FEAR, EMPTINESS, DECIBEL: ISIS’ OCEANIC ENTERS THE HALL OF FAME
Before there were blogs there were these things called magazines, and the only metal magazine we still get excited about reading every month is Decibel. Here’s managing editor Andrew Bonazelli…
So, this Palms thing is happening next year, which—if this month’s studio report is to be reduced to conjecture—consists of Chino Moreno going cawwwwwwwwwwwrrrrrawwkakakakakakwk over a bunch of nine-minute songs written by three dudes from Isis. I’m into it. A “Passenger”-style duet with Aaron Turner would have more exciting suck/rule potential, but this seems like a solid next step for some excellent, prolific musicians, whose last big band bade goodbye via 2009’s Wavering Radiant.
But the reason we even care is Isis’ “golden era,” which I just made up, but most fans who aren’t indie rock pussies would likely consider the period between 2000’s Celestial and 2004’s Panopticon. Right in the middle is 2002’s Oceanic, and it’s our latest honoree in the Decibel Hall of Fame. You may be wondering why Isis got in here before Neurosis, and the simple answer to that is Scott Kelly’s too busy removing his Nnamdi Asomugha backpiece to sit down for an interview (or, we’ve asked the band like a dozen times and not all of them wanna participate). Chronology notwithstanding, Oceanic is so crushing, so evocative, so fucking well-sequenced that it would be a crime not to include it. You can add “so influential” to that, and if you’d like to know if the band thinks that’s a good or bad thing (Cult of Luna FTW!), check it out in the Testament issue pronto.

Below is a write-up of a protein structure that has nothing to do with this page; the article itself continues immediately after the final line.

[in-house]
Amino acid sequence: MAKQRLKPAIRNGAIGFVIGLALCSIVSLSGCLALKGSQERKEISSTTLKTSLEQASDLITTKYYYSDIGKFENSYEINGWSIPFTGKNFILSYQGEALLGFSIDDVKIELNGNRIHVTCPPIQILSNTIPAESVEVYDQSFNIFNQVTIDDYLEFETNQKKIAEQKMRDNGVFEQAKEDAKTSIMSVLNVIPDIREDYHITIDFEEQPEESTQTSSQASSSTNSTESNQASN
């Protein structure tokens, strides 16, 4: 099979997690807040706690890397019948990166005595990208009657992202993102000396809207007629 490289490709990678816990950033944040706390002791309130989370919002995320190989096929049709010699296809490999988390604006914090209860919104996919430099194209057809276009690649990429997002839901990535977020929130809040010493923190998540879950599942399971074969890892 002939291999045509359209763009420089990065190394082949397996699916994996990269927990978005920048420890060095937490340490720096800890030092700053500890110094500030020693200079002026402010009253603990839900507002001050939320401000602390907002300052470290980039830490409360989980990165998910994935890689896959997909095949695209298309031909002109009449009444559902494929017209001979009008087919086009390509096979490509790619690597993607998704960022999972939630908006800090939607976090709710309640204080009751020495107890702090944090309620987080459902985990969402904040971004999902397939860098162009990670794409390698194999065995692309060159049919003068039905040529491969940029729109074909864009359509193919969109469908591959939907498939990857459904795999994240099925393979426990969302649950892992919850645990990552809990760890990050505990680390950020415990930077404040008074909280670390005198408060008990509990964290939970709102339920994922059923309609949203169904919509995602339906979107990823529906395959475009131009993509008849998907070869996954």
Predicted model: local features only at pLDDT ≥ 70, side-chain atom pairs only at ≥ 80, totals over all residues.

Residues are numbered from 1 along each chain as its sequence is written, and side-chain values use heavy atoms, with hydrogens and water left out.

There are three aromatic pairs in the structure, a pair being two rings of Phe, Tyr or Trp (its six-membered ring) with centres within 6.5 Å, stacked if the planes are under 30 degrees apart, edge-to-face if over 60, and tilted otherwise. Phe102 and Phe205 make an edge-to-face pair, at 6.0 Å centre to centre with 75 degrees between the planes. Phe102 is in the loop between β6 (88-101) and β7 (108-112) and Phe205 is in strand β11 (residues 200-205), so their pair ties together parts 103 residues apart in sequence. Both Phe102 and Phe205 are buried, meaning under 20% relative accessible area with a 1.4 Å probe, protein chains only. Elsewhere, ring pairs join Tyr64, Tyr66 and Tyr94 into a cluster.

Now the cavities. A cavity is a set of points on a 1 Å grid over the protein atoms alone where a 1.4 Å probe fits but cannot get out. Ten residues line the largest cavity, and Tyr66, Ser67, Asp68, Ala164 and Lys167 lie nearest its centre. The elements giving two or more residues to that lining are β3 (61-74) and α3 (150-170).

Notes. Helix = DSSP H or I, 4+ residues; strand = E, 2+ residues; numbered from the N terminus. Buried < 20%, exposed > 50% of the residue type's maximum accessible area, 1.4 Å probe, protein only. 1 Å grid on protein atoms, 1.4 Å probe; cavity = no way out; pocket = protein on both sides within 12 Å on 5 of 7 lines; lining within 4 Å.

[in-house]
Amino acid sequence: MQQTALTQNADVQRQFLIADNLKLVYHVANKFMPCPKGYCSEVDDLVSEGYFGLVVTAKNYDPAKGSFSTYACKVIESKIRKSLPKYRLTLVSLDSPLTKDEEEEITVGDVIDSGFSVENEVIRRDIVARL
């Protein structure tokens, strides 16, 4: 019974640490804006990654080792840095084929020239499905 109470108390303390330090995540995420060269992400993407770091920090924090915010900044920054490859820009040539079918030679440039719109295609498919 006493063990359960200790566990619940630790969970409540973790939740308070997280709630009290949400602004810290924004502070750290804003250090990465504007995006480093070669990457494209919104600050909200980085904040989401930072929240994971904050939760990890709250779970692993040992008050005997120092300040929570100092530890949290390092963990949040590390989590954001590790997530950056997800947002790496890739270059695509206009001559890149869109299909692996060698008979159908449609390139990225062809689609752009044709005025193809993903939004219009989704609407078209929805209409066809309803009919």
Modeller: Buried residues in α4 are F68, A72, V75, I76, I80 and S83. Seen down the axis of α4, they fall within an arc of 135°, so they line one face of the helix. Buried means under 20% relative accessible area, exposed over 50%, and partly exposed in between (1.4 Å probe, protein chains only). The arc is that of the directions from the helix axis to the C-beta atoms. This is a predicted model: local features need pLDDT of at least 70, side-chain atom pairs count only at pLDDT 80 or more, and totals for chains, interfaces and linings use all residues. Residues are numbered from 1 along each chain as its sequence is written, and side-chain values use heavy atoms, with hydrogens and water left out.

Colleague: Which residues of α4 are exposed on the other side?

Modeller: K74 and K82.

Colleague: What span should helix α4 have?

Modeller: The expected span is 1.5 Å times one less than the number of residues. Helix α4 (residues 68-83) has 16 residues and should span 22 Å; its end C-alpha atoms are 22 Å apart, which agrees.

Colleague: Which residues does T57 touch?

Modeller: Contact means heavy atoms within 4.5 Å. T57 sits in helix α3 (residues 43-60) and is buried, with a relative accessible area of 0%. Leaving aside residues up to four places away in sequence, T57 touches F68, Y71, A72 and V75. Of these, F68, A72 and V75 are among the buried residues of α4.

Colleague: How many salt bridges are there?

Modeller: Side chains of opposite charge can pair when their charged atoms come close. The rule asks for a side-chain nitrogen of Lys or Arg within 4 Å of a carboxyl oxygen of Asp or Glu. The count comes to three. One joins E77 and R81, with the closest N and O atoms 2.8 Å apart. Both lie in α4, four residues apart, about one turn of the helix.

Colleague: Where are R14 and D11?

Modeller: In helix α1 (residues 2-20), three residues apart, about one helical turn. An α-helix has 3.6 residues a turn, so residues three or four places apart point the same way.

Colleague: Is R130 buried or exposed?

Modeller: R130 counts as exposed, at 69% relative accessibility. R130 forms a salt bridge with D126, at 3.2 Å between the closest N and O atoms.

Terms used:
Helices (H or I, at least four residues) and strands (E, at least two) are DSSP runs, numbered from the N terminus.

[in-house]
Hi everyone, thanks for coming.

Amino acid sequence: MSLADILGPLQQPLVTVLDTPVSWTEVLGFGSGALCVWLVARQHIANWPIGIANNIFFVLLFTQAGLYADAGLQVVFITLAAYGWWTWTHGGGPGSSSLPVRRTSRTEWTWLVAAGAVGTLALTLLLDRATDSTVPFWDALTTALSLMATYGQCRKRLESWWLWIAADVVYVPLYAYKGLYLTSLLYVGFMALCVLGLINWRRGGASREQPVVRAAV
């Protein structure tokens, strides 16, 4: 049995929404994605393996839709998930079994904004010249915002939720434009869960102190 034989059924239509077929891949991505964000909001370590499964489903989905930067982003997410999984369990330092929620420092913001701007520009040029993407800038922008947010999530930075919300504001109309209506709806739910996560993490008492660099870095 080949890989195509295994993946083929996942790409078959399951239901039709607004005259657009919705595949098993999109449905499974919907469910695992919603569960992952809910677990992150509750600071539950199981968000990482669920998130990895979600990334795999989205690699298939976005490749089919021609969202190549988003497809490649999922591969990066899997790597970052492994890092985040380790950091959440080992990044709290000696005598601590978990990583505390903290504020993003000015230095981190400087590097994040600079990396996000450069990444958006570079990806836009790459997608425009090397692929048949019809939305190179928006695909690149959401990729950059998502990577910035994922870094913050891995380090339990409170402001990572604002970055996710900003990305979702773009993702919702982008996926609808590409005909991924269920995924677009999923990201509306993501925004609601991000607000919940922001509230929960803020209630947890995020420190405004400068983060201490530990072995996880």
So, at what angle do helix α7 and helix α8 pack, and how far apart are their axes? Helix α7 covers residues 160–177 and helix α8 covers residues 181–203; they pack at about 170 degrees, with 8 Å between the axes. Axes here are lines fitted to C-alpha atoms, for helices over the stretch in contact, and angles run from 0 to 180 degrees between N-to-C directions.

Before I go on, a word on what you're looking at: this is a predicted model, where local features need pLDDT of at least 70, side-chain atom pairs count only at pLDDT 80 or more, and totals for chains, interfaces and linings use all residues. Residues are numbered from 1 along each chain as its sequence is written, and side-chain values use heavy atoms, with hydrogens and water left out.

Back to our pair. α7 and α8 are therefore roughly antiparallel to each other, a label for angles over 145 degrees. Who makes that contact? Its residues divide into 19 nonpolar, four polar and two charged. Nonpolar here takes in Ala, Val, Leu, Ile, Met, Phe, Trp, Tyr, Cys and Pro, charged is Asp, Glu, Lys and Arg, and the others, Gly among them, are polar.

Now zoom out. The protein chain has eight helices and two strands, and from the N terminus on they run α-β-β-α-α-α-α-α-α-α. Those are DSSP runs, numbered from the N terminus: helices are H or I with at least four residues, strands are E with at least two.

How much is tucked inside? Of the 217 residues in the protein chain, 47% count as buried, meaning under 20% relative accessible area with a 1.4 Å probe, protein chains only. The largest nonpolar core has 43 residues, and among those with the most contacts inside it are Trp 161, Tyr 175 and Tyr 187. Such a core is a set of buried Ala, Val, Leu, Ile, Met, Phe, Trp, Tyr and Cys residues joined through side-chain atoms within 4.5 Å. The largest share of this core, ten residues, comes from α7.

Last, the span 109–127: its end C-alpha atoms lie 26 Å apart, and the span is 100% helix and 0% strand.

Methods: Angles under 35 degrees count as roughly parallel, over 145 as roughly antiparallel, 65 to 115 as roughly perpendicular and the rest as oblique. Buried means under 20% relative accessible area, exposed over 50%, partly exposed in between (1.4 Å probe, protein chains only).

The September issue of Decibel also features Testament, Gojira, Ghost, and an awesome Coffins flexi disc, and can be ordered here. But Chief Chuck Billy says you should just get a full subscription to ensure that you never miss an issue!